Without doubt Joseph Bates wrote in that room. But, alas for treasured tradition, it was not, probably, where he wrote his Sabbath book. For I have since learned, through the research of the old records by Mr. Harris, that Joseph Bates sold this property in 1844 to Noah Spooner; and this comports with Bates’ own statement in his autobiography, 22 that he disposed of most of his property, including his place of residence, in that year, just before he and Gurney went on their Second Advent mission to Maryland. And that was in February, 1844. So, alas! I do not know where he lived when on that memorable morning in 1846 he sat down to write his book, with a single York shilling, the remnant of his fortune, in his pocket, and rose to spend his shilling for four pounds of flour. It was not this house, unless, most improbably, he repurchased it after the Disappointment, or made some arrangement to live there. He lived in Fairhaven until 1858, when he moved with his family to Michigan; but where he lived for those fourteen years I do not know. FOPI 46.1

“Joseph,” said his wife, coming in from the kitchen, “I haven’t enough flour to finish my baking.” FOPI 46.2

“That so?” commented her husband. “How much flour do you lack?” FOPI 46.3

“Oh, about four pounds,” said she. FOPI 46.4

“All right.” And shortly he rose and went out, and buying four pounds of flour, came in and left it on the kitchen table while she was temporarily out. But immediately she was at his door again, I fancy with a suspicion which she hoped he might disprove. FOPI 46.5

“Joseph, where did this flour come from?” FOPI 46.6

“I bought it. Isn’t that what you wanted?” FOPI 46.7

“Yes; but have you, Captain Joseph Bates, a man who has sailed with cargoes worth thousands of dollars, gone out and bought just four pounds of flour?” FOPI 46.8

“Wife, for those four pounds of flour I spent the last money I have on earth.” FOPI 47.1

It was true, then! Prudence Bates was a devoted wife. She had approved of her husband’s spending his money in the cause of the coming Christ, for she held with him in that. But she left finances in his hands; and as their fortunes dwindled, she pressed back the fear and the question of how much he had left. Now she knew. Moreover, she was not with him in this new Sabbath truth, nor was she for yet four years. During that time he used to drive with her to her Christian church on Sunday, go home, and come back to get her after service, for he would not keep the pope’s Sabbath; he kept the Lord’s Sabbath. In 1850 she followed him into the third angel’s message, with its Sabbath truth, and for twenty years, until her death, she was a devoted and beautiful Sabbath keeping Christian worker. But now! FOPI 47.2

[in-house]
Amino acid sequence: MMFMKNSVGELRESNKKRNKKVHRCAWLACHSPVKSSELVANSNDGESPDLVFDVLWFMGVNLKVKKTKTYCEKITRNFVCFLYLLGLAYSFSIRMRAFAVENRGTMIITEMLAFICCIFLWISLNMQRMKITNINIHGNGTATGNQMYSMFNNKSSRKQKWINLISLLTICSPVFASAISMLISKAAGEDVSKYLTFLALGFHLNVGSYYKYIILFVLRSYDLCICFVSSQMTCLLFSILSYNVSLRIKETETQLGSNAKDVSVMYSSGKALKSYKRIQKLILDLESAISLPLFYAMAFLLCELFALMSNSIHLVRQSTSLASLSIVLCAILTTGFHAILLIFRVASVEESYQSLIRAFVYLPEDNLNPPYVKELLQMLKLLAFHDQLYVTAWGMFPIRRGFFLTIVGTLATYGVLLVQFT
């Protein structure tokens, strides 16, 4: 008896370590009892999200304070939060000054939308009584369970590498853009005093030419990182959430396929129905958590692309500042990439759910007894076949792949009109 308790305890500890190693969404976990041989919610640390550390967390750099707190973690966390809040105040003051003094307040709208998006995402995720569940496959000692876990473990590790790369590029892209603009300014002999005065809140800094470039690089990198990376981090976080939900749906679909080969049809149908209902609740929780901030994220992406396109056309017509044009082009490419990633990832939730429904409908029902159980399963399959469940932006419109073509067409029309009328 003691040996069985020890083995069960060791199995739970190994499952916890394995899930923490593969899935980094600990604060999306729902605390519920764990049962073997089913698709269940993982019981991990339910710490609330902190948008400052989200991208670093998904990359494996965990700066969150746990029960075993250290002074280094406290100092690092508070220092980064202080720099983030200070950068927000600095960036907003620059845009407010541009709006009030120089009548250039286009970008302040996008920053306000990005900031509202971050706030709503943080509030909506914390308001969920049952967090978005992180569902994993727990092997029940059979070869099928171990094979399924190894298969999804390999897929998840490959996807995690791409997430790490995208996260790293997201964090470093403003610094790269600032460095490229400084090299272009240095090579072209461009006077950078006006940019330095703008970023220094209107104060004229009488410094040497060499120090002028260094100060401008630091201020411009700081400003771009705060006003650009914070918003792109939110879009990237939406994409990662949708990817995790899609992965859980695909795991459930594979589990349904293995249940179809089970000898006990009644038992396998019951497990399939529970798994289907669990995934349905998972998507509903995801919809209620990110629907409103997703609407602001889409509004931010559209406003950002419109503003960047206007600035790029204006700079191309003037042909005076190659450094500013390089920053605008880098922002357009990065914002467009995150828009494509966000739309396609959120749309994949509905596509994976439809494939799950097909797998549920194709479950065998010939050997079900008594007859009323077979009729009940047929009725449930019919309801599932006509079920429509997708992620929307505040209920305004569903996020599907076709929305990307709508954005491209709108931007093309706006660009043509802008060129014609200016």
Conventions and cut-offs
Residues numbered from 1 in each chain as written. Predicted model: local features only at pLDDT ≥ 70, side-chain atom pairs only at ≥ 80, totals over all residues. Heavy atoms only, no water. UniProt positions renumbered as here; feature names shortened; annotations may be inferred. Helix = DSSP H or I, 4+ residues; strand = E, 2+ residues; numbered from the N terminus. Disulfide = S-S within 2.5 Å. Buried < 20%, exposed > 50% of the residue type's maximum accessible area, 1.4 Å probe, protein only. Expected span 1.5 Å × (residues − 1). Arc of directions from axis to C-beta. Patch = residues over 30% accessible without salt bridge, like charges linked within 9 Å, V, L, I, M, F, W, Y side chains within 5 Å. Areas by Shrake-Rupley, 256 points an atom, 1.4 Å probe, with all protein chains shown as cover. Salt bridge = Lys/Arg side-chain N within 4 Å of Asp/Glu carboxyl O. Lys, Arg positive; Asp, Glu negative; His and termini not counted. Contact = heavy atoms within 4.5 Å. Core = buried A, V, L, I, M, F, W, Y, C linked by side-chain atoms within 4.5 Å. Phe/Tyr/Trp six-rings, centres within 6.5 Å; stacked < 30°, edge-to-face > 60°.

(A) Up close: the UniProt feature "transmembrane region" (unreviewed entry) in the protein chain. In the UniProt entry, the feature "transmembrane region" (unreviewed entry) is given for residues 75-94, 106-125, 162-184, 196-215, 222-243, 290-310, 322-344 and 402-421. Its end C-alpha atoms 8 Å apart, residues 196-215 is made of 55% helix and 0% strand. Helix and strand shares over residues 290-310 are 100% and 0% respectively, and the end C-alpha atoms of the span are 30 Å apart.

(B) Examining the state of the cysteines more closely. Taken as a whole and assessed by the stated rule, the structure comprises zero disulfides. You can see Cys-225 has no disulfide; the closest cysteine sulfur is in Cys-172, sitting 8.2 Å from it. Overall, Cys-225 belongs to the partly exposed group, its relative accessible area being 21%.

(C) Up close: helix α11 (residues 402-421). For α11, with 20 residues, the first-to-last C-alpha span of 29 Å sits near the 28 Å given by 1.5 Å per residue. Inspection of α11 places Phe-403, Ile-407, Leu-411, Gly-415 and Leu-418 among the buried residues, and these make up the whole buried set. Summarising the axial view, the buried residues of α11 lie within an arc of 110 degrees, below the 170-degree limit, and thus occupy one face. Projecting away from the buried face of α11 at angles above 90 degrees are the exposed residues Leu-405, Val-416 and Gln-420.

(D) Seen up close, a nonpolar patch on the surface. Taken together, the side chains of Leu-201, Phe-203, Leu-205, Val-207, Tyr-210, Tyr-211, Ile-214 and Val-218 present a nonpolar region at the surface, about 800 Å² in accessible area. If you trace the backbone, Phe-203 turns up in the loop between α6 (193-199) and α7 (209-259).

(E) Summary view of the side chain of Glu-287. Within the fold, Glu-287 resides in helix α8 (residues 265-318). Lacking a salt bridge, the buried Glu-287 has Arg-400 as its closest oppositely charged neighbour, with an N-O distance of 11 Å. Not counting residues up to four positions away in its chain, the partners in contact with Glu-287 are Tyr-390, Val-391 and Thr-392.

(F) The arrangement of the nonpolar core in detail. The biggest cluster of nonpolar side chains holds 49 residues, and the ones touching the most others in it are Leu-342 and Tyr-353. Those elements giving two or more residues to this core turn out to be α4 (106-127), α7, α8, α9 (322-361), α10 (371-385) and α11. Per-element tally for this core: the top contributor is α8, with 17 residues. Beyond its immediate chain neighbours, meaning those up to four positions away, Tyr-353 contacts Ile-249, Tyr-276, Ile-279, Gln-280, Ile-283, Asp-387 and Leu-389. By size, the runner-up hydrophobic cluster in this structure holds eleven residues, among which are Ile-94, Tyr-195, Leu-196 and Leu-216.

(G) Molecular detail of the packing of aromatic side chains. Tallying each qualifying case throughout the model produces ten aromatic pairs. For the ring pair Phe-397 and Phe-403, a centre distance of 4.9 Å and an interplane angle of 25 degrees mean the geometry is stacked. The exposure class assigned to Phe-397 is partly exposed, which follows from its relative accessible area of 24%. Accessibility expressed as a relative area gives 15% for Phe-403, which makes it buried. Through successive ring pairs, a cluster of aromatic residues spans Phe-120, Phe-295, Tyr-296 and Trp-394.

Her apron flew to her eyes, as the tears flowed, and with sobbing voice she cried, “What are we going to do?” FOPI 47.3

Joseph Bates rose to his full height. “I am going to write a book on the Sabbath, and distribute it everywhere, to carry the truth to the people,” he said. FOPI 47.4

“Yes, but what are we going to live on?” FOPI 47.5

“Oh, the Lord will provide.” FOPI 47.6

“Yes! ‘The Lord will provide’! That’s what you always say.” Exit, with sobs and tears. FOPI 47.7

Well, Joseph Bates couldn’t do anything about it, that he knew. So he turned from his husbandly duties to his apostleship duties, and began to write. Within half an hour he was impressed that he should go to the post office, for a letter with money in it. He went, and found the letter, which contained a ten-dollar bill, from a man who said he felt impressed that Elder Bates needed money. With this he purchased ample supplies, sending them ahead to a surprised wife. When he arrived at home, she excitedly demanded to know where they came from. FOPI 47.8

“Oh,” said he, “the Lord sent them.” FOPI 48.1

“What do you mean, ‘The Lord sent them? ’” FOPI 48.2

“Prudy,” said he, “read this letter, and you will know how the Lord provides.” FOPI 48.3

Prudence Bates read it; and then she went in and had another good cry, but for a different reason. 23 And the message of the Sabbath went over the land. Today six hundred thousand believers throughout the world are the result, in part, of that message. And all the world knows the message. Somewhere in Fairhaven, if not on this spot, Joseph Bates paid his lone York shilling as an act of faith that he was the servant of Jehovah-jirah, the Lord who would provide. And he believed not in vain. FOPI 48.4